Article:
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Drug-resistant Tuberculosis

4. Why do HIV and tuberculosis form a lethal combination?

    HIV-TB patient in Thailand.
    HIV-TB patient in Thailand.
    Source: Thiery Falise

    Tuberculosis can be very difficult to detect in people who are HIV-positive. Tests to detect tuberculosis are often negative in people infected with both HIV and TB, which can cause delays in the diagnosis. In addition, people infected with dormant tuberculosis bacteria can quickly become sick with tuberculosis when their immune systems are weakened by HIV. This, together with the difficulty of treating both diseases at the same time, has led to high death rates in people living with TB and HIV.

    Tuberculosis is one of the opportunistic infections closely associated with HIV and there have been many outbreaks of drug-resistant forms of tuberculosis in places where large numbers of HIV-positive patients are in close contact with each other such as some hospitals and prisons. However, information on how tuberculosis is transmitted in these particular settings cannot be used to predict the spread of drug-resistant tuberculosis in the general population. This is an important point because people infected with both HIV and tuberculosis develop the disease quickly and, if they are infected with MDR-TB, they could start an outbreak of drug-resistant tuberculosis.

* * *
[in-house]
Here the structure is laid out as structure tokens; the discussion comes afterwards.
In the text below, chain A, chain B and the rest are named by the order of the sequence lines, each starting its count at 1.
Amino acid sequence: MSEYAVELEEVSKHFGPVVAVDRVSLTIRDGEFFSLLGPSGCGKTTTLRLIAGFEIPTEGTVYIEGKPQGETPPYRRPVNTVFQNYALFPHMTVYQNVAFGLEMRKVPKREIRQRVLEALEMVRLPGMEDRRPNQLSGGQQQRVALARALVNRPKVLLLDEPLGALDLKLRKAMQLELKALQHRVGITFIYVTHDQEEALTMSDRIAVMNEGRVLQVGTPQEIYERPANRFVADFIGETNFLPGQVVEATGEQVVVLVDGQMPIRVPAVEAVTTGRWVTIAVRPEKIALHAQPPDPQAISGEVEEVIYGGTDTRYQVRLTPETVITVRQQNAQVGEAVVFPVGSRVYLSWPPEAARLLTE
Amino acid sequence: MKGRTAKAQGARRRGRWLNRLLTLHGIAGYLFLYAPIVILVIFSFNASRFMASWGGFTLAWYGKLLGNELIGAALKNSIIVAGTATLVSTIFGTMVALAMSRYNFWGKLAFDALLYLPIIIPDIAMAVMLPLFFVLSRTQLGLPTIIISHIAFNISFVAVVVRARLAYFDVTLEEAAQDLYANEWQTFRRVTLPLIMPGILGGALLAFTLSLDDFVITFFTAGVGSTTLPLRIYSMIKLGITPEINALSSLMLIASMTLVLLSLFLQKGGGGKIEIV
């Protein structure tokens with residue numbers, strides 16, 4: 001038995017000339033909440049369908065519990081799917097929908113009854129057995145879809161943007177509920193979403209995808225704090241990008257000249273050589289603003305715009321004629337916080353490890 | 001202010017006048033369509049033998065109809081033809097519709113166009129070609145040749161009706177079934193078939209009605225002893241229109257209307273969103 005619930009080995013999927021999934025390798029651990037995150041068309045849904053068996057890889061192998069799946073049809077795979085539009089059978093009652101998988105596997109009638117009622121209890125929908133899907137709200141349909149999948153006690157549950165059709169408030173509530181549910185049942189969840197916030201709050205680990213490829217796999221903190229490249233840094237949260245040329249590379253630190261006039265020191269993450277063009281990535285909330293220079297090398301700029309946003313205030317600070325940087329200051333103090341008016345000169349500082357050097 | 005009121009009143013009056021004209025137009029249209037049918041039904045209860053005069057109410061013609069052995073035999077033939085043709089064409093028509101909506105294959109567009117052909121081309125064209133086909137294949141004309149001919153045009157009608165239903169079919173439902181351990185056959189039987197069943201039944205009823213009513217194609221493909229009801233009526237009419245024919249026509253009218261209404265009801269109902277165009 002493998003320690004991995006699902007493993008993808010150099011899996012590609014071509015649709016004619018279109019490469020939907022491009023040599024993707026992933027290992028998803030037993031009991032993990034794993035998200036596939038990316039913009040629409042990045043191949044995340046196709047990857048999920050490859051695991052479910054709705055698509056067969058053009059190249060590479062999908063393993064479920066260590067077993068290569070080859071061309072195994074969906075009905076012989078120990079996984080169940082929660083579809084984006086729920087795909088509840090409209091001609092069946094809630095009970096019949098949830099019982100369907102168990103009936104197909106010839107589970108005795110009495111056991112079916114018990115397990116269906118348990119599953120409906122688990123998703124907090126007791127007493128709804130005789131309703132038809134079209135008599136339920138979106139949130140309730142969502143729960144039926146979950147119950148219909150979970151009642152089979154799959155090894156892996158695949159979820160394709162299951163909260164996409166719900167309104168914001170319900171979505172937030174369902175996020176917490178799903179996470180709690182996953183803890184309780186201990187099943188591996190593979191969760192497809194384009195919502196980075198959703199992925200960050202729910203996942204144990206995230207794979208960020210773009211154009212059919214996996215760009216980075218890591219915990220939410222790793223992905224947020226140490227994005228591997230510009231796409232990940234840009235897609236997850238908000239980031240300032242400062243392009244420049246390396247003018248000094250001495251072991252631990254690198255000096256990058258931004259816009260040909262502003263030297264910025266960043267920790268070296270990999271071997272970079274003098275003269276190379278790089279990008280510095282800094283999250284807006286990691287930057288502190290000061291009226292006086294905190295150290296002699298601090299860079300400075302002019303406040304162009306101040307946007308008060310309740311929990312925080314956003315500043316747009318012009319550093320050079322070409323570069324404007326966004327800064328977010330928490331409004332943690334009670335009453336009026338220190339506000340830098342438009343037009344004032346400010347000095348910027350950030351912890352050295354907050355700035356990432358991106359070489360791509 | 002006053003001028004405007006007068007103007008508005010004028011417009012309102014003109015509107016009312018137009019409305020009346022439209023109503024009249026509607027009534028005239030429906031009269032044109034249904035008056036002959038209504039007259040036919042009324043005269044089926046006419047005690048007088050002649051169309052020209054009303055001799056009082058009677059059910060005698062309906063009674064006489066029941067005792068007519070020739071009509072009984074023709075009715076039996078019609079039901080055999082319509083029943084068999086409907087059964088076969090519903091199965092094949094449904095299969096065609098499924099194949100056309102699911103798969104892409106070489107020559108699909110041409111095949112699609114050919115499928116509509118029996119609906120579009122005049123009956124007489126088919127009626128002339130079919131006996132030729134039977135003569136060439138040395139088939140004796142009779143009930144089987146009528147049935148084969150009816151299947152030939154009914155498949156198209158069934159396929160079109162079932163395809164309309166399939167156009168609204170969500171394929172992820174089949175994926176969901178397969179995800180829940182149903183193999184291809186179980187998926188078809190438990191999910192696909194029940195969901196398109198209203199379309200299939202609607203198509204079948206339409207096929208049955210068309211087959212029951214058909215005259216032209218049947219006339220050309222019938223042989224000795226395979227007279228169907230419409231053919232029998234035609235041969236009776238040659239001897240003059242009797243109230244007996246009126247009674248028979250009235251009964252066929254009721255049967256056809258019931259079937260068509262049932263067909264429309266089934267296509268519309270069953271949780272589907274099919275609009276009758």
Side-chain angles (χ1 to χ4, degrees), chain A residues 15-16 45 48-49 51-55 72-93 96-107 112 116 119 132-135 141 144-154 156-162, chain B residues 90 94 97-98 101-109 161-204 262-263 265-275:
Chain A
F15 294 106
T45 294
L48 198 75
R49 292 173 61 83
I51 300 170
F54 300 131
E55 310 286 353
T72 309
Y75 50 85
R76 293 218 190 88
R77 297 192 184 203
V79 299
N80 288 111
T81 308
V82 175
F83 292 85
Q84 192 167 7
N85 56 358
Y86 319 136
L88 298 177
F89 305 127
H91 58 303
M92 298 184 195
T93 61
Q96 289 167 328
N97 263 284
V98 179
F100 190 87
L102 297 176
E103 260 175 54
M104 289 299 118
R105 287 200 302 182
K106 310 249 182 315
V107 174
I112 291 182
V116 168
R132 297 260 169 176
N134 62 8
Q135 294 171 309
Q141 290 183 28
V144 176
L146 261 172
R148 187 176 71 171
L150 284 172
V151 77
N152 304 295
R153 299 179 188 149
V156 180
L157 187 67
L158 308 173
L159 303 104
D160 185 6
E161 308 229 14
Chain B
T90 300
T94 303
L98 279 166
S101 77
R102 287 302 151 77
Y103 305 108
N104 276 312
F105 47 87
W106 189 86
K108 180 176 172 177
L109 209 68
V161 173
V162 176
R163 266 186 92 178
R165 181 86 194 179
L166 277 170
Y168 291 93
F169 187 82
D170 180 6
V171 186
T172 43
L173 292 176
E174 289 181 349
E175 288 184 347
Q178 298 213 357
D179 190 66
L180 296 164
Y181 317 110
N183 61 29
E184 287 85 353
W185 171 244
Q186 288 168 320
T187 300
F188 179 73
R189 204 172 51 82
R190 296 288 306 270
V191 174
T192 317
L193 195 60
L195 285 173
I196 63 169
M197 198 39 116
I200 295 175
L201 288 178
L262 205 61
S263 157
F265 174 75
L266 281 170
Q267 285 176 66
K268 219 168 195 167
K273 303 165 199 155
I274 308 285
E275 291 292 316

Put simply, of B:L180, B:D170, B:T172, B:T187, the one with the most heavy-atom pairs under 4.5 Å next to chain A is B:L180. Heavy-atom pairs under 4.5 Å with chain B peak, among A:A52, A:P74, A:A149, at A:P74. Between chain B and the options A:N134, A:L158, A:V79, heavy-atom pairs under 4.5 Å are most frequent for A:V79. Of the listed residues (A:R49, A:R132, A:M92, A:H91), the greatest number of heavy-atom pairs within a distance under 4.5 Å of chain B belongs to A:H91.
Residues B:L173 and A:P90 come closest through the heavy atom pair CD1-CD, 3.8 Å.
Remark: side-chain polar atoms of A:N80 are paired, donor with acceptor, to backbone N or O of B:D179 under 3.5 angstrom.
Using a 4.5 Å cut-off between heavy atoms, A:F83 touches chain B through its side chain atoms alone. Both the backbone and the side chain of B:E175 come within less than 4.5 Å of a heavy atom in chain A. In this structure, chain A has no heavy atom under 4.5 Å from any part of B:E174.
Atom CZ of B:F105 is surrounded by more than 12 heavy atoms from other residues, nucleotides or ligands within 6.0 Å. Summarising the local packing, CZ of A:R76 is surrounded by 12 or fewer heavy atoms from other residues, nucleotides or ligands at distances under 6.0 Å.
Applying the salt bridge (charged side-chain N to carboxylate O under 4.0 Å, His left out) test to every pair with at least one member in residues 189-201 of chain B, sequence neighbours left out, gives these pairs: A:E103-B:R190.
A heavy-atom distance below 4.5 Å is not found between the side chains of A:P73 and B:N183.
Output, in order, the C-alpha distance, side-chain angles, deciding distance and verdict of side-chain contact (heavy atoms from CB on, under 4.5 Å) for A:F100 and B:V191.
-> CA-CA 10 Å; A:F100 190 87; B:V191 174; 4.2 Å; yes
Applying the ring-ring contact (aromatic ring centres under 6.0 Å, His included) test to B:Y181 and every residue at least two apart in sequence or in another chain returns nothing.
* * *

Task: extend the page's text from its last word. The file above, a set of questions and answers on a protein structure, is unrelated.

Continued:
There are two main reasons why HIV and drug-resistant tuberculosis may be associated: HIV infection or its treatment could result in poorer absorption of anti-tuberculosis drugs or in acquired resistance to these medicines. In addition, HIV-infected patients and drug-resistant tuberculosis patients may have similar risk factors such as history of hospitalization. It is also possible that HIV infected patients may be more susceptible to infection once exposed, although no data support this.

    The main obstacle to understanding the association between HIV and drug-resistant tuberculosis is the lack of data available. In Ukraine and Latvia, there is a high proportion of MDR-TB and an emerging HIV epidemic that is becoming more generalized in the population. The data gathered in these two countries will be crucial not only to find the right treatment for the patients, but also to help understand how HIV may affect the spread of drug-resistant tuberculosis in the region. The development of infection control measures as well as diagnostic screening tools to rapidly identify drug resistant TB are a priority, for all countries, but particularly for those with high prevalence of HIV or MDR-TB.

    From a global perspective, patients would benefit if tests for HIV and TB were carried out at the same time.

    Additional studies will be needed to understand the association between HIV and drug-resistant tuberculosis at the population level.

    This text is a summary of: WHO,  Anti-Tuberculosis Drug Resistance in the World, Fourth Global Report (2008), Chapter 4: Discussion, Drug resistance and HIV (p. 85-87)

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